Finally, it’s worth bearing in mind that teenagers do need stricter boundaries than adult students. In most adult classes, there isn’t much classroom management to ‘do’, students don’t tend to be badly behaved and students are generally respectful of others’ points of view. Adult students also don’t have quite the same propensity to say things simply to ‘get a reaction’. Your teenagers need to be aware that if they wish to be treated like adults, they need to behave like them.

2. …but they’re not kids either.

Given what I’ve just said, it can be natural for teachers (especially those used to teaching younger children) to go too far in the other direction and treat their teens as though they are simply bigger children. Again, this tends to not work well. Teenagers are becoming ever more aware of themselves and the world around them, and as they get older they are increasingly able to engage in adult topics. I’ve yet to encounter a teenager who doesn’t hate being patronised – and if you ask them to do too many activities which are seen as ‘babyish’ this is the risk you are running.

3. Let them provide the input.

As I’ve touched upon in my last two points, teens can often be changeable, and surprising! It can be hard to work out what they will (or won’t) be interested in, and even if you weren’t a teenager too long ago yourself, it can still be difficult as an adult to try to keep up with the latest popular singers, films, books, and trends. Rather than guess what your students might be interested in or which celebrities they might be familiar with, it’s far safer to plan your activities so that your students can provide as much of the input as possible – even if it means asking them about things they like, and planning a subsequent lesson based on that.

4. Let them talk about themselves.

A useful addition to the above point. Teenagers are often pretty self-absorbed creatures, and are far more likely to engage with an activity if it gives them the opportunity to think, write, or speak about themselves. It also means you’re guaranteed a topic that everyone is interested in – win-win! The teenage years are also when children move from only thinking about their own little world to having opinions on more diverse subjects and issues, so if something does come up (or a textbook activity on the environment or laws is unavoidable), be sure to ask if they have an opinion on it.

5. Respect them!

I cannot stress this enough, as I’ve always found this to be the most important factor when teaching teens. If you respect them, they respect you – and vice versa. Teens need to be allowed to express themselves, to engage with themselves, each other and the world around them, and they need to be able to do so in an atmosphere which is open, friendly and supportive. Conversely, they should know that there is acceptable and unacceptable behaviour in the classroom, and any words or behaviour which are intended to hurt, belittle or intimidate other class members, or to disrupt others’ learning, will not be tolerated. Make your expectations know, be clear, be firm, and above all, be consistent.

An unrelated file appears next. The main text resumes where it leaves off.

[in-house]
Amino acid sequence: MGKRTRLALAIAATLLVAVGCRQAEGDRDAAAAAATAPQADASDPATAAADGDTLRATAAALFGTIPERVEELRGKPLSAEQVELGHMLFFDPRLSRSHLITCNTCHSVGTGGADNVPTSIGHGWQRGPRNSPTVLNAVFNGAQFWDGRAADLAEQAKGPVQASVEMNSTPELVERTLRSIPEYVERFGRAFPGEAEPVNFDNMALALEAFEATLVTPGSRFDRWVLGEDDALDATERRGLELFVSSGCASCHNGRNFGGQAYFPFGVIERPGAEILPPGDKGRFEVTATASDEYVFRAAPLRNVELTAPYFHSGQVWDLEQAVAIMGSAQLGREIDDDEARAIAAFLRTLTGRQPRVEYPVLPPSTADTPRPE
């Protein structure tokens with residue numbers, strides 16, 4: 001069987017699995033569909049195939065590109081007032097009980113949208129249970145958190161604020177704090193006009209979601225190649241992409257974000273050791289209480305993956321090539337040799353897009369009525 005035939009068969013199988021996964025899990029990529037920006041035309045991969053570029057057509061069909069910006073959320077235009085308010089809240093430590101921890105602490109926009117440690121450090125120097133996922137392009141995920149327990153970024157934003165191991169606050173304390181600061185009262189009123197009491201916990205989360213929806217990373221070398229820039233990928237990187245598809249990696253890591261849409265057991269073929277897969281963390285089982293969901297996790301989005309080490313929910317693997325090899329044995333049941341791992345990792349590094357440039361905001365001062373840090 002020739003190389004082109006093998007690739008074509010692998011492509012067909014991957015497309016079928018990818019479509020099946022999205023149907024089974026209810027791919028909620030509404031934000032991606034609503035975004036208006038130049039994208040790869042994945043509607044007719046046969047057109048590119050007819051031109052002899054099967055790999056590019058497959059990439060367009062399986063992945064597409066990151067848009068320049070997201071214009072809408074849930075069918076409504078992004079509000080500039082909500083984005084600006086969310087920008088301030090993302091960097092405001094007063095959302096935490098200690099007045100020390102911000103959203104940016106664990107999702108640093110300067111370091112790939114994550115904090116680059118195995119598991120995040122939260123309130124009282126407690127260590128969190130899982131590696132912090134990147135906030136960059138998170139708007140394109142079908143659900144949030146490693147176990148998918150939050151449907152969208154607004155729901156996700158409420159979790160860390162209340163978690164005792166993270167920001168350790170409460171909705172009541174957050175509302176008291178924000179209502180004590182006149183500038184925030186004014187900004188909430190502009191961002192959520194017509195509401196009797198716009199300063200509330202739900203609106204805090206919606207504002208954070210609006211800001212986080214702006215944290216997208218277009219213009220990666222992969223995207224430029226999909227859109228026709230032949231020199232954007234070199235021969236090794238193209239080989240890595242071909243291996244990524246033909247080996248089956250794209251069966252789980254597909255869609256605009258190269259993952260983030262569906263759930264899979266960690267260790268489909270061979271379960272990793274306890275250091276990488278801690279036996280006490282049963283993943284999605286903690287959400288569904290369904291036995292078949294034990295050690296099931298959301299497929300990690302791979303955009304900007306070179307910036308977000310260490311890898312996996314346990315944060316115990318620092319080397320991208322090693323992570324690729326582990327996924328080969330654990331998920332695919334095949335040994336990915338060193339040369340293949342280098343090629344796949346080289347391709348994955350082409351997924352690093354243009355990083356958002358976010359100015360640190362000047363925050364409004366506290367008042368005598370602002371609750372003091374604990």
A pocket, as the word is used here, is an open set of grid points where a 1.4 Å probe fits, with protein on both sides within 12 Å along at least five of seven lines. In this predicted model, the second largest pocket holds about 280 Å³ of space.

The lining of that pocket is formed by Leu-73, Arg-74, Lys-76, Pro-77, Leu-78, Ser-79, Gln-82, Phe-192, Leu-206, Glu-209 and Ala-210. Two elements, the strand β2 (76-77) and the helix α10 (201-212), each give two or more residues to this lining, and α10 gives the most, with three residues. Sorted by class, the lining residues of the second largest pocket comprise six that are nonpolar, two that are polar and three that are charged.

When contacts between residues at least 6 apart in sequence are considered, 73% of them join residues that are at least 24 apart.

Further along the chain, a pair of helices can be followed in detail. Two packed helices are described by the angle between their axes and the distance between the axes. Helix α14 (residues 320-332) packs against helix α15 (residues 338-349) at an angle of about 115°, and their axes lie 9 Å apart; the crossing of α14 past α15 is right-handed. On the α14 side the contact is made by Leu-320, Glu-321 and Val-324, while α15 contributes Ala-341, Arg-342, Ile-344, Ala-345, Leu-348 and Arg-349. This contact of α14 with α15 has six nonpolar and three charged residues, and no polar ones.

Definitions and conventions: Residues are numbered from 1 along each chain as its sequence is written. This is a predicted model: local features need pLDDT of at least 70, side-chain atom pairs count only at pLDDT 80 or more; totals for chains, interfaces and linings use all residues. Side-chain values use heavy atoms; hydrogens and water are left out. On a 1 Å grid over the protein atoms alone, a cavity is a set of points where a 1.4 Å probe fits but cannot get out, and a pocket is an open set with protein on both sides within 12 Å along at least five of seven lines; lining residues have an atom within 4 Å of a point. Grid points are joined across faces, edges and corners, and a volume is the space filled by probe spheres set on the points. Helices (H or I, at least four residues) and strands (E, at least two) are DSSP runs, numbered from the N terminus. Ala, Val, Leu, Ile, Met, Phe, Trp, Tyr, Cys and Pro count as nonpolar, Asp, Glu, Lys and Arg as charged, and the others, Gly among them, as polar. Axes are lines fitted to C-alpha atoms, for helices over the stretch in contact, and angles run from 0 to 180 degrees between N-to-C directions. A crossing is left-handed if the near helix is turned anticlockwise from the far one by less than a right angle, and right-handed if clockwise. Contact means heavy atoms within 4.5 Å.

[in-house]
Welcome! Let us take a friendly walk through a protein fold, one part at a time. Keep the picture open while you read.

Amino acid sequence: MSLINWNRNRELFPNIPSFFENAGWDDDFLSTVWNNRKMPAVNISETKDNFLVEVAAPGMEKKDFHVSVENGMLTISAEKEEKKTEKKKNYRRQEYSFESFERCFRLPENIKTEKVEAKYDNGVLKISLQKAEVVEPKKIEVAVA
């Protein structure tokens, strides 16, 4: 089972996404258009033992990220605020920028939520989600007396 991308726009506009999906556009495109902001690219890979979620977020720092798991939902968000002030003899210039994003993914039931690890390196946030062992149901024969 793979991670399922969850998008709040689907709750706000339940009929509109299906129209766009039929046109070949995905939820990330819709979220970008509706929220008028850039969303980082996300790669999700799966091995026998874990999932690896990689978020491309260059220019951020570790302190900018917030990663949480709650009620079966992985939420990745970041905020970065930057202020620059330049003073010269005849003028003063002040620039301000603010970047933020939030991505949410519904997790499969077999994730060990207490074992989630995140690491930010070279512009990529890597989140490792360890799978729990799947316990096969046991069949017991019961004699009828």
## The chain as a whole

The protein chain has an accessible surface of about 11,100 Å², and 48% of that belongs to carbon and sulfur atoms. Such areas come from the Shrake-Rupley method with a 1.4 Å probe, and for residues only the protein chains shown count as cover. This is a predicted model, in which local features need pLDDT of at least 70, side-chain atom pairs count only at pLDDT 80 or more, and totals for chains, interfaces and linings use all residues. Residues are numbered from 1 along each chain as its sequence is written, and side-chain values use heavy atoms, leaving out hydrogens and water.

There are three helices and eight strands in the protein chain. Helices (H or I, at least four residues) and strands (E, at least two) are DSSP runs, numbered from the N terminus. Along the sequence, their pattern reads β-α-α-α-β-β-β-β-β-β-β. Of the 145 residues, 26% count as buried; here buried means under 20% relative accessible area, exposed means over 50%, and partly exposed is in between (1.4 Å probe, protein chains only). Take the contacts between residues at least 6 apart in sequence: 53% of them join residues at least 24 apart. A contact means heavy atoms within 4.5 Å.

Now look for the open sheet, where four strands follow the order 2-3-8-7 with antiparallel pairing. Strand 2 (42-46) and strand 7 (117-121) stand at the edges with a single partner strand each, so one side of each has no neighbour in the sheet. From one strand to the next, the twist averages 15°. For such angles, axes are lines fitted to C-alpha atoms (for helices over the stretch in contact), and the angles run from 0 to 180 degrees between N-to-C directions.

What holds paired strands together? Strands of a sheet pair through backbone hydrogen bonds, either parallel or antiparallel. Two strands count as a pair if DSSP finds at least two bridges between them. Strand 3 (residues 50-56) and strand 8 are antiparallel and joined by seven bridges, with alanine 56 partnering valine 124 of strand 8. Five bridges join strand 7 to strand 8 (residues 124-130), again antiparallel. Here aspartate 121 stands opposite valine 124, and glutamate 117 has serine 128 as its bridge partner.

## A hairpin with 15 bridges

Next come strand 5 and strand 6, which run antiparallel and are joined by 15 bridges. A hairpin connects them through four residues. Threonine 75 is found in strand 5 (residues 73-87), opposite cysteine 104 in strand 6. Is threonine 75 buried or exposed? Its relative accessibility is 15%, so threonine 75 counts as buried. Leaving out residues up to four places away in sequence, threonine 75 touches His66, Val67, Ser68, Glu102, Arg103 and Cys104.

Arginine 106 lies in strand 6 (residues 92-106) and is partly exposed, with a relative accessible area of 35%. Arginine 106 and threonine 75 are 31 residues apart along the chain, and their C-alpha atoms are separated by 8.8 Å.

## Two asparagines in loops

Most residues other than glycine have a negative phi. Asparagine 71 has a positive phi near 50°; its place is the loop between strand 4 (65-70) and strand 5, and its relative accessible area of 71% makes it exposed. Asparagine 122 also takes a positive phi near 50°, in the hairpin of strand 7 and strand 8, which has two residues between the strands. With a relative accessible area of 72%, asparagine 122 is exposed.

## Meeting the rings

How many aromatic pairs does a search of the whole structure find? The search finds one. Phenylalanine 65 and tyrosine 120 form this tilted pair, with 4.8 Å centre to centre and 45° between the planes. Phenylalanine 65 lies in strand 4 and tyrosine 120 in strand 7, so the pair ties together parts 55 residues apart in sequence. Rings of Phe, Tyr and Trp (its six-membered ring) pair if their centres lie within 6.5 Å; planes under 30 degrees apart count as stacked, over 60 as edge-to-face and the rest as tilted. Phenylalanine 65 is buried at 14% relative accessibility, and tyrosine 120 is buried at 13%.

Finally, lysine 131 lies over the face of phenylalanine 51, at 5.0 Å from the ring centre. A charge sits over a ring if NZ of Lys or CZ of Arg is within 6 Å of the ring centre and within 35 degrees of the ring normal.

6. Give them some responsibility.

With respecting teens, comes giving them some responsibility. Show them that you trust them, you respect and value their ideas and opinions, and their behaviour is almost sure to reward you. Not sure how to give your teens responsibility? Allow them to determine the consequences when rules in the class contract are broken. Allocate a certain student or group of students to be responsible for preparing/leading a game each week or each lesson. Spice up a revision lesson by asking each pair to prepare and present a short summary of a topic that will be covered in the test.

7. Don’t police them too rigidly.

Part of treating teens with respect and giving them some responsibility means trusting their ideas and opinions. Sometimes it can be worth giving teens a bit of a free rein and allowing them to talk about a potentially controversial issue – they may well surprise you with their maturity!

8. Ask “why?”

Often we associate constantly asking ‘why?’ with toddlers or small children. However it’s something I like to use with teens, as it forces them to think a little more and express themselves more clearly and in more detail. Often teens tend to try to cut off a conversation by giving a quick/silly answer. ‘What did you do on the weekend?’ ‘I slept.’ ‘What did you do yesterday?’ ‘Nothing.’ ‘What can you tell me about the person in the photo?’ ‘He’s stupid’. Rather than try to pressure students into giving an entirely different answer, another approach can be to take their original answer and then run with it. ‘You slept? All weekend? Do you like sleeping? Why do you like sleeping?’. Be warned, this will make you incredibly annoying. It will also make your teenagers talk more, and in time they will give longer, more thought-through answers.

9. Expect the unexpected.

One of the joys (and the challenges) of teaching teens is that you never quite know what to expect. A normally chatty, lively class can be impacted hugely by a pre-lesson argument. School exams can have an effect on how motivated (or even how awake!) your students are. You may carefully plan a lesson, only to find that for whatever reason, on that day, your students aren’t interested in it. Yes, it’s annoying. But often going with the flow is the only way.

10. Hold the coursebook loosely.